Now that you have a basic knowledge of the substitution and the transposition cipher, it will be useful when studying more complex ciphers but before we move on to more complex ciphers which are basically the combination of the two, I will first introduce you to the concept of “symmetric ciphers”.

Basically, the idea with symmetric ciphers is that you have the code, and you have a key to unlock that code. In this type of cryptography, both the sender and the receiver shares the key.  In the case of the Caesar cipher example mentioned above, the key is B3 (or shift 3). Taking again the analogy of the house that I used in the previous article, the sender and the receiver are holding identical copies of keys for the front door. Now this can provide a relatively good security if the key is guaranteed to remain secret. Or in the case of the house analogy, if the key will remain solely in the hands of the sender and the receiver.

Symmetric Key Cryptography paved the way to two of the world’s strongest and most unforgettable encryptions: the German Enigma and the Russian One-Time Pads. They played a very important role on the second world war, and understanding them will help us better understand the importance of information and its security in our times. Understanding the role they played will provide us the insight necessary in understanding the arm race between cryptographer and cryptanalysts as well as the different cryptographic techniques that generations after generations have tried to shape and reshape inventing and re-inventing the cryptography and information security that we know today.

Terms covered in this article:
Cipher, Transposition cipher, Substitution Cipher, Symmetric Cipher/Symmetric Key Cryptography

Sources and Further Readings
Cypher Research Laboratories. A Brief History of Cryptography [pdf] [web]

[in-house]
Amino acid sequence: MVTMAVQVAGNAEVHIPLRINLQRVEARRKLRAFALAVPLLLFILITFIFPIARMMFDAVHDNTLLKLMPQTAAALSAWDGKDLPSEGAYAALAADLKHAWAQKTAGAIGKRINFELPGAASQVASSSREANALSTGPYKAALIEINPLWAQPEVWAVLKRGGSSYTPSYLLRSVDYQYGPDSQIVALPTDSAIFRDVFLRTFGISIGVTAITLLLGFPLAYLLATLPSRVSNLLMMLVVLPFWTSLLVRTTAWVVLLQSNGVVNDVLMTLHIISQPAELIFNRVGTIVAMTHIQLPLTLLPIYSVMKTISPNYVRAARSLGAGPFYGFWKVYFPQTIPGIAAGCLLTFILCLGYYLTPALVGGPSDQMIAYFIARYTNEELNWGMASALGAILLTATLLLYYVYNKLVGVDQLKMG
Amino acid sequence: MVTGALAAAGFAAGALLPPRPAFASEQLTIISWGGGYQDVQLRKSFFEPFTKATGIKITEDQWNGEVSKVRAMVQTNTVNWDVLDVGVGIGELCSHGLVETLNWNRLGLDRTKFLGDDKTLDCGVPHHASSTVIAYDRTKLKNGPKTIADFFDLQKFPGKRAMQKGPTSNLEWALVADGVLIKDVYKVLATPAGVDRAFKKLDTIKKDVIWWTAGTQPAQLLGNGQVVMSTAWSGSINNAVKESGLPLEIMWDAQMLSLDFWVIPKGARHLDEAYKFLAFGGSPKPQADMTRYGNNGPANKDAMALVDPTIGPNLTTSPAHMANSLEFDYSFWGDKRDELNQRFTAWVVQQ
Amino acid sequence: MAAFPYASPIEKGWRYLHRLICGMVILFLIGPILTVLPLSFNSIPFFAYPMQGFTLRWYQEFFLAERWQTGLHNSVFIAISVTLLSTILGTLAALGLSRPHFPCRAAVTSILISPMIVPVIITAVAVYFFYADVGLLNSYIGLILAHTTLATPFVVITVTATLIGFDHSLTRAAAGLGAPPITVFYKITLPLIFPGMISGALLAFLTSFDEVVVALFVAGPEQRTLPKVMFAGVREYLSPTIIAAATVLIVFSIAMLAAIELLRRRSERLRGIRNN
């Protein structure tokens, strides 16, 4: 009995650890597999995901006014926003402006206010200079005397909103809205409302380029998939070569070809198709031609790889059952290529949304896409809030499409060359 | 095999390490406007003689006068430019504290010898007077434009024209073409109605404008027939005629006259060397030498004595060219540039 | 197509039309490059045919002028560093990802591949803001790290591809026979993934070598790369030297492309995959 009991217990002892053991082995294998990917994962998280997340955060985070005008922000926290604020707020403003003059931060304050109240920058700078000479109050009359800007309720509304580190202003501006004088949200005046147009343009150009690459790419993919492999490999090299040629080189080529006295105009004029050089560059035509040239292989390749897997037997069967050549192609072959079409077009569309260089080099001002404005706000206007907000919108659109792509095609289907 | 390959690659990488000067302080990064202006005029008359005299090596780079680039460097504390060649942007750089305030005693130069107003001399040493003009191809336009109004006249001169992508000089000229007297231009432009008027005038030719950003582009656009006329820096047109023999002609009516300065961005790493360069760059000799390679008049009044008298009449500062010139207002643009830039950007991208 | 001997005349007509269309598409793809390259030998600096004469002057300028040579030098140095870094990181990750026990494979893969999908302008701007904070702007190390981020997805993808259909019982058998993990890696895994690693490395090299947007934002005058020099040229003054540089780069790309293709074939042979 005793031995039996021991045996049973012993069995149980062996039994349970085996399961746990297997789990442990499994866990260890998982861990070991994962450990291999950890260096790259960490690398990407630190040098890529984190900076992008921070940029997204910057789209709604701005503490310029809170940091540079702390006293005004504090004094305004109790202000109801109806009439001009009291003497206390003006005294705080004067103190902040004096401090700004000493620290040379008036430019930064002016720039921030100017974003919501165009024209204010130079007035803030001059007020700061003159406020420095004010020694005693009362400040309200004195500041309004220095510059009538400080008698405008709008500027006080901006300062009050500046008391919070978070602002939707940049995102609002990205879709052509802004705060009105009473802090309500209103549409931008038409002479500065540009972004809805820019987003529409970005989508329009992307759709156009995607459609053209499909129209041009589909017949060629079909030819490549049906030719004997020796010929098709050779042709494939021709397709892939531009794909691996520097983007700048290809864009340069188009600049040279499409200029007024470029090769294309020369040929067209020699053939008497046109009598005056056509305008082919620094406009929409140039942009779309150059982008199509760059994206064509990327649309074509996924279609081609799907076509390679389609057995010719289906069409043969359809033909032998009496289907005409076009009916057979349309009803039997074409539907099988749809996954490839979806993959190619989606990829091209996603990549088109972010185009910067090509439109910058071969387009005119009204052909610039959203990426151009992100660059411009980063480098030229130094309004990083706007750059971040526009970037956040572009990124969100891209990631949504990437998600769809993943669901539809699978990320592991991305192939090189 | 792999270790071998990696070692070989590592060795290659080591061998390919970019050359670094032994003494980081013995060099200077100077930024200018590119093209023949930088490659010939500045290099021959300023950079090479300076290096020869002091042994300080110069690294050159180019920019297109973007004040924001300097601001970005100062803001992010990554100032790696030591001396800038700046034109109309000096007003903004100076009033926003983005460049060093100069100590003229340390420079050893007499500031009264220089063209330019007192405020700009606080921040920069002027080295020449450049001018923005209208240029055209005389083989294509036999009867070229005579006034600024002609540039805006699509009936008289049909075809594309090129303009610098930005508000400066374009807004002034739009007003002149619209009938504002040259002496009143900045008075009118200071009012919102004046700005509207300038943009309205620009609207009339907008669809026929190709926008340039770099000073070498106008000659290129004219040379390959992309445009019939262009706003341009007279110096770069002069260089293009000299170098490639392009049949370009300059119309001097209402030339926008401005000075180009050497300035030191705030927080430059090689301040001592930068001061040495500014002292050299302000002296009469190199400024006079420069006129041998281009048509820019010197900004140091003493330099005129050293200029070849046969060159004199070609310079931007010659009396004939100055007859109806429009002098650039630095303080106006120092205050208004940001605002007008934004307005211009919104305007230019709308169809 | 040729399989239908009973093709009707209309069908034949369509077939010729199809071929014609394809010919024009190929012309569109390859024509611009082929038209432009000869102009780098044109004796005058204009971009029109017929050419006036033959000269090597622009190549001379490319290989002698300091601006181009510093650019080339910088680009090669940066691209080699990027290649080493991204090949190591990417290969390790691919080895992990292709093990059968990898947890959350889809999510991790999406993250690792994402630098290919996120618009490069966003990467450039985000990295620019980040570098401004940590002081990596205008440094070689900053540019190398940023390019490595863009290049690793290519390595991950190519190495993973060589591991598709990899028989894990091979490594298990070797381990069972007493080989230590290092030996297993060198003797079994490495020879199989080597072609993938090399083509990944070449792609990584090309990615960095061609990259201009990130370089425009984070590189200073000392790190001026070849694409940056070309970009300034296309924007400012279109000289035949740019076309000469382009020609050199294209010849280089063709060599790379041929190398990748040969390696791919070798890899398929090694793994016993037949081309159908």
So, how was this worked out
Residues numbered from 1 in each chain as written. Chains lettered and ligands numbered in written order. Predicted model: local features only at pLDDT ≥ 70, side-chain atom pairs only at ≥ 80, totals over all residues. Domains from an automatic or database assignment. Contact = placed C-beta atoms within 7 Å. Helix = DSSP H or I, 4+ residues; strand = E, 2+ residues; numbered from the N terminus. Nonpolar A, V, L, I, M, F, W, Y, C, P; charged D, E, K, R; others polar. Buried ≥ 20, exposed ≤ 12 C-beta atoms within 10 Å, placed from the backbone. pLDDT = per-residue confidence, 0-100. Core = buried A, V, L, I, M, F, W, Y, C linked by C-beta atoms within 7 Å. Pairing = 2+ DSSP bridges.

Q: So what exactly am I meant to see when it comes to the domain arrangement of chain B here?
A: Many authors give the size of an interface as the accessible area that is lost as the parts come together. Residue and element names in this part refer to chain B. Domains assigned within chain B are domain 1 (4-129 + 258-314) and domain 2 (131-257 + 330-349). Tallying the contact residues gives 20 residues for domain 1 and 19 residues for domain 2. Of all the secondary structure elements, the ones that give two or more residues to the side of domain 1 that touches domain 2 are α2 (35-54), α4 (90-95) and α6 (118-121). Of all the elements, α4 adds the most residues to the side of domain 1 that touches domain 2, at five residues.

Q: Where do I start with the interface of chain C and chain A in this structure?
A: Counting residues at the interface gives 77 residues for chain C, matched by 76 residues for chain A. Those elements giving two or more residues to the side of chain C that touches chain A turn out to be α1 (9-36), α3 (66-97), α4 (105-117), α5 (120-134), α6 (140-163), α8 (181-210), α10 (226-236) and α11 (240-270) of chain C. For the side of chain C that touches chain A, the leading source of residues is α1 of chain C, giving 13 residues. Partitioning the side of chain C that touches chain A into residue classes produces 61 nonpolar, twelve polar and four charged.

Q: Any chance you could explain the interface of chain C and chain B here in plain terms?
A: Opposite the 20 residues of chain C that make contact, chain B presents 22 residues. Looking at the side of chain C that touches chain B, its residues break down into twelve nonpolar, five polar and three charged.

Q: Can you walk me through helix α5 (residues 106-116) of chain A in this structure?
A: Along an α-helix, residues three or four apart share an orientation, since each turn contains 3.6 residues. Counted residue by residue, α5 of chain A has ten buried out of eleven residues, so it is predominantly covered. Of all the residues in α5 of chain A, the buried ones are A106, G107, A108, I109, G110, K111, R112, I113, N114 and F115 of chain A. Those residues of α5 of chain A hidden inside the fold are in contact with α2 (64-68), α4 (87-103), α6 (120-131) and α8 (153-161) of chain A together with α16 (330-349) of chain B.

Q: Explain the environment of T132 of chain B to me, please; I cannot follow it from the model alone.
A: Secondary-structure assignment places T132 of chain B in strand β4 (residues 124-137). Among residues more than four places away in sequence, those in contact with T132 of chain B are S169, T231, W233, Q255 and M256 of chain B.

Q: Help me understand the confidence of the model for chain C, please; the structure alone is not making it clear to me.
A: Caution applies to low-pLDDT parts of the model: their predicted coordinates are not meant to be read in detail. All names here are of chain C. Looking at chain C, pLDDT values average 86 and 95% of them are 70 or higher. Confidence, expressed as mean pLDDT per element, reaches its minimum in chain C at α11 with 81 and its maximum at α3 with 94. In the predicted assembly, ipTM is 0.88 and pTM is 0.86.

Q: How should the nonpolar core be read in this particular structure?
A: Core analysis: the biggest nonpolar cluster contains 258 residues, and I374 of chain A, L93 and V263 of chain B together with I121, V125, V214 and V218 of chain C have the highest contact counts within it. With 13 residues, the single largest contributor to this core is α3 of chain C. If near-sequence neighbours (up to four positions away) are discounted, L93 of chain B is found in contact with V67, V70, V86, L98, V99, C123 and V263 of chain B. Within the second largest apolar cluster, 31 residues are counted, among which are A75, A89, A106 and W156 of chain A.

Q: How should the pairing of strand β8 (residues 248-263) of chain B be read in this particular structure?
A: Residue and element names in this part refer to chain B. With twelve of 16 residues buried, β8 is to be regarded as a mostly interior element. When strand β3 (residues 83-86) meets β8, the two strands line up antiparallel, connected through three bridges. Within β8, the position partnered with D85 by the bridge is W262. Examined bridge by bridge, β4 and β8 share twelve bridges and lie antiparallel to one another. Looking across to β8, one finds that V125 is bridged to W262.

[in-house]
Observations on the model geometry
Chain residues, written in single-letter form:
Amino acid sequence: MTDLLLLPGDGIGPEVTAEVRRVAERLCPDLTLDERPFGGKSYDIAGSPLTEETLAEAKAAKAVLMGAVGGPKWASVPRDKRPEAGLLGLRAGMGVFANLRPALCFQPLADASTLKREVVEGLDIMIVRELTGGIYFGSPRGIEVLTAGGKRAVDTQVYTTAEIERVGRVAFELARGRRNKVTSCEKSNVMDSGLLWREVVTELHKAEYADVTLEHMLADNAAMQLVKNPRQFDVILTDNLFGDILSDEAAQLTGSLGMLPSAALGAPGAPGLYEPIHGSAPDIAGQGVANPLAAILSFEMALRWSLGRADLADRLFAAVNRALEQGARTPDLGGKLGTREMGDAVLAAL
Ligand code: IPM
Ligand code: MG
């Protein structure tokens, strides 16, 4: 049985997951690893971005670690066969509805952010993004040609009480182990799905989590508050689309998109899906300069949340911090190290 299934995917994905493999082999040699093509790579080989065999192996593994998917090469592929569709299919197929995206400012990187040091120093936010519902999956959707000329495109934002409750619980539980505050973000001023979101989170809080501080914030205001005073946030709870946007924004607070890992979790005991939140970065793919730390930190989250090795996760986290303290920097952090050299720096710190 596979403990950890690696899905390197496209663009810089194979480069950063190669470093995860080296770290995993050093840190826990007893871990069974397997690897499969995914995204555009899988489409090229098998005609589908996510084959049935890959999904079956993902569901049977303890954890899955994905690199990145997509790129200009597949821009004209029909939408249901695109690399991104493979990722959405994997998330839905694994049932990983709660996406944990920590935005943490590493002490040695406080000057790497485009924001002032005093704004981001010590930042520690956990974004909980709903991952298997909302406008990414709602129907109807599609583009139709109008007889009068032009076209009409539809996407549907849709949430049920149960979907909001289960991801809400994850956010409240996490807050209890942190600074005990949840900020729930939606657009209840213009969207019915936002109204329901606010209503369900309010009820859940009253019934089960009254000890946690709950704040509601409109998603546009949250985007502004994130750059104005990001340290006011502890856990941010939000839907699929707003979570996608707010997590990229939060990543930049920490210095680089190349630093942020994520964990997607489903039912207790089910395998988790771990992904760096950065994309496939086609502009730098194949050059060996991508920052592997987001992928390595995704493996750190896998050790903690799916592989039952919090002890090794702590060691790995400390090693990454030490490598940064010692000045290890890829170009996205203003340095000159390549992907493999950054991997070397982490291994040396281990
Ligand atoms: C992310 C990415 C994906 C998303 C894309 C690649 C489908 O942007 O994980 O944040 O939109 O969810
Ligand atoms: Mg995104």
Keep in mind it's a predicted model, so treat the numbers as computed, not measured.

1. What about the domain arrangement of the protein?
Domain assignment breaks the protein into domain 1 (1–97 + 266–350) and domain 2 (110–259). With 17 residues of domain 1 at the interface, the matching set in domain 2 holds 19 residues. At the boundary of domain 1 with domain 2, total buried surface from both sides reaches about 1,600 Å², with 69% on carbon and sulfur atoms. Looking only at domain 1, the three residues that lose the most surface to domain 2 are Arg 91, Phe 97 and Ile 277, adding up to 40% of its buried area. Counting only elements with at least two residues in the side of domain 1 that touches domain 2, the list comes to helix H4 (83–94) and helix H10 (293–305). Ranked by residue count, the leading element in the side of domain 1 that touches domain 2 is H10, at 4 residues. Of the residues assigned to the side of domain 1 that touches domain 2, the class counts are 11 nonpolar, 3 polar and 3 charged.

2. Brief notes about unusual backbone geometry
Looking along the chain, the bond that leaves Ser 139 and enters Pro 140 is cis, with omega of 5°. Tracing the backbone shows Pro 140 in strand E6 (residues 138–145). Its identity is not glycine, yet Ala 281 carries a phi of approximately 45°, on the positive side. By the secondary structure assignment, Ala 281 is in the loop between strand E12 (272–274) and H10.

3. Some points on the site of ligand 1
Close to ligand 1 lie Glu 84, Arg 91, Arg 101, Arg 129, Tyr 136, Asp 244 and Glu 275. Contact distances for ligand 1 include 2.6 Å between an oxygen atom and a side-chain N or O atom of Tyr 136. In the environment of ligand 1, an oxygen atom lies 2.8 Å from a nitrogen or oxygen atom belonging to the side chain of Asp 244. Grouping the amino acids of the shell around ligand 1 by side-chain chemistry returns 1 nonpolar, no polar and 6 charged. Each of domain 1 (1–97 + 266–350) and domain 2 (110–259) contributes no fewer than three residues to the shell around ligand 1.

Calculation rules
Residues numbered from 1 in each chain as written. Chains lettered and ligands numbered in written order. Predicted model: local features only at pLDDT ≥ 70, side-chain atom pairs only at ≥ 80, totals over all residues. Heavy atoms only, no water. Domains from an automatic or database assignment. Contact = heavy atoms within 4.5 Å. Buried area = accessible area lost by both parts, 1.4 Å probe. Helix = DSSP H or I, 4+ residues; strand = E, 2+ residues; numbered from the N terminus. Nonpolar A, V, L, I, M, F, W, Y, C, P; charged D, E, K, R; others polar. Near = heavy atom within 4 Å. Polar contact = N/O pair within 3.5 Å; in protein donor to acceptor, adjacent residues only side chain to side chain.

Wikipedia. History of Cryptography [web]
Fred Cohen. A Short History of Cryptography [web]
images are courtesy of Wikipedia.

Next: Symmetric Key Cryptography (Non-Technical)

(Notes: For practical and obvious reasons, I cannot keep explaining cryptography, cryptanalysis, encryption, decryption, etc. in every article so it is advised to read the previous article before reading this one. Feedbacks, corrections and suggestions will be appreciated. 🙂 )

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About princess of antiquity

Abbi Cabanding is a member of the Security Bloggers Network and had been blogging on information security since 2006. She is also a member of the Association for Computing Machinery. She studied Computer Science and Fine Arts at the University of the Philippines - Diliman.

Discussion

8 thoughts on “Earlier Forms of Cryptography (Non-Technical)

  1. This is a well written article! I look forward to the next installment of this series; I’ve long found an interest in the use of crypto back in the late 30’s and into 40’s during WWII…which just reminded me of a silly GeoCache I hid several years ago with a non-historically correct WWII crypto theme (http://tinyurl.com/5aok4d) 😉

    Posted by Steve Zenone | June 24, 4:43 am, 4:43 am
  2. what is your name?
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    thankyou 😀

    Posted by asjhgblsg | November 9, 6:01 pm, 6:01 pm
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    Posted by Michael Tim | March 1, 1:02 am, 1:02 am
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    Posted by Ted Burrett | April 22, 2:39 pm, 2:39 pm
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Trackbacks/Pingbacks

  1. Pingback: Interesting Information Security Bits for June 24th, 2008 « Infosec Ramblings - June 25, 2:24 am

  2. Pingback: Symmetric Key Cryptography (Non-Technical) « Princess of Antiquity - April 30, 6:39 pm

  3. Pingback: Introduction to Cryptography (Non-Technical) « Princess of Antiquity - April 30, 6:50 pm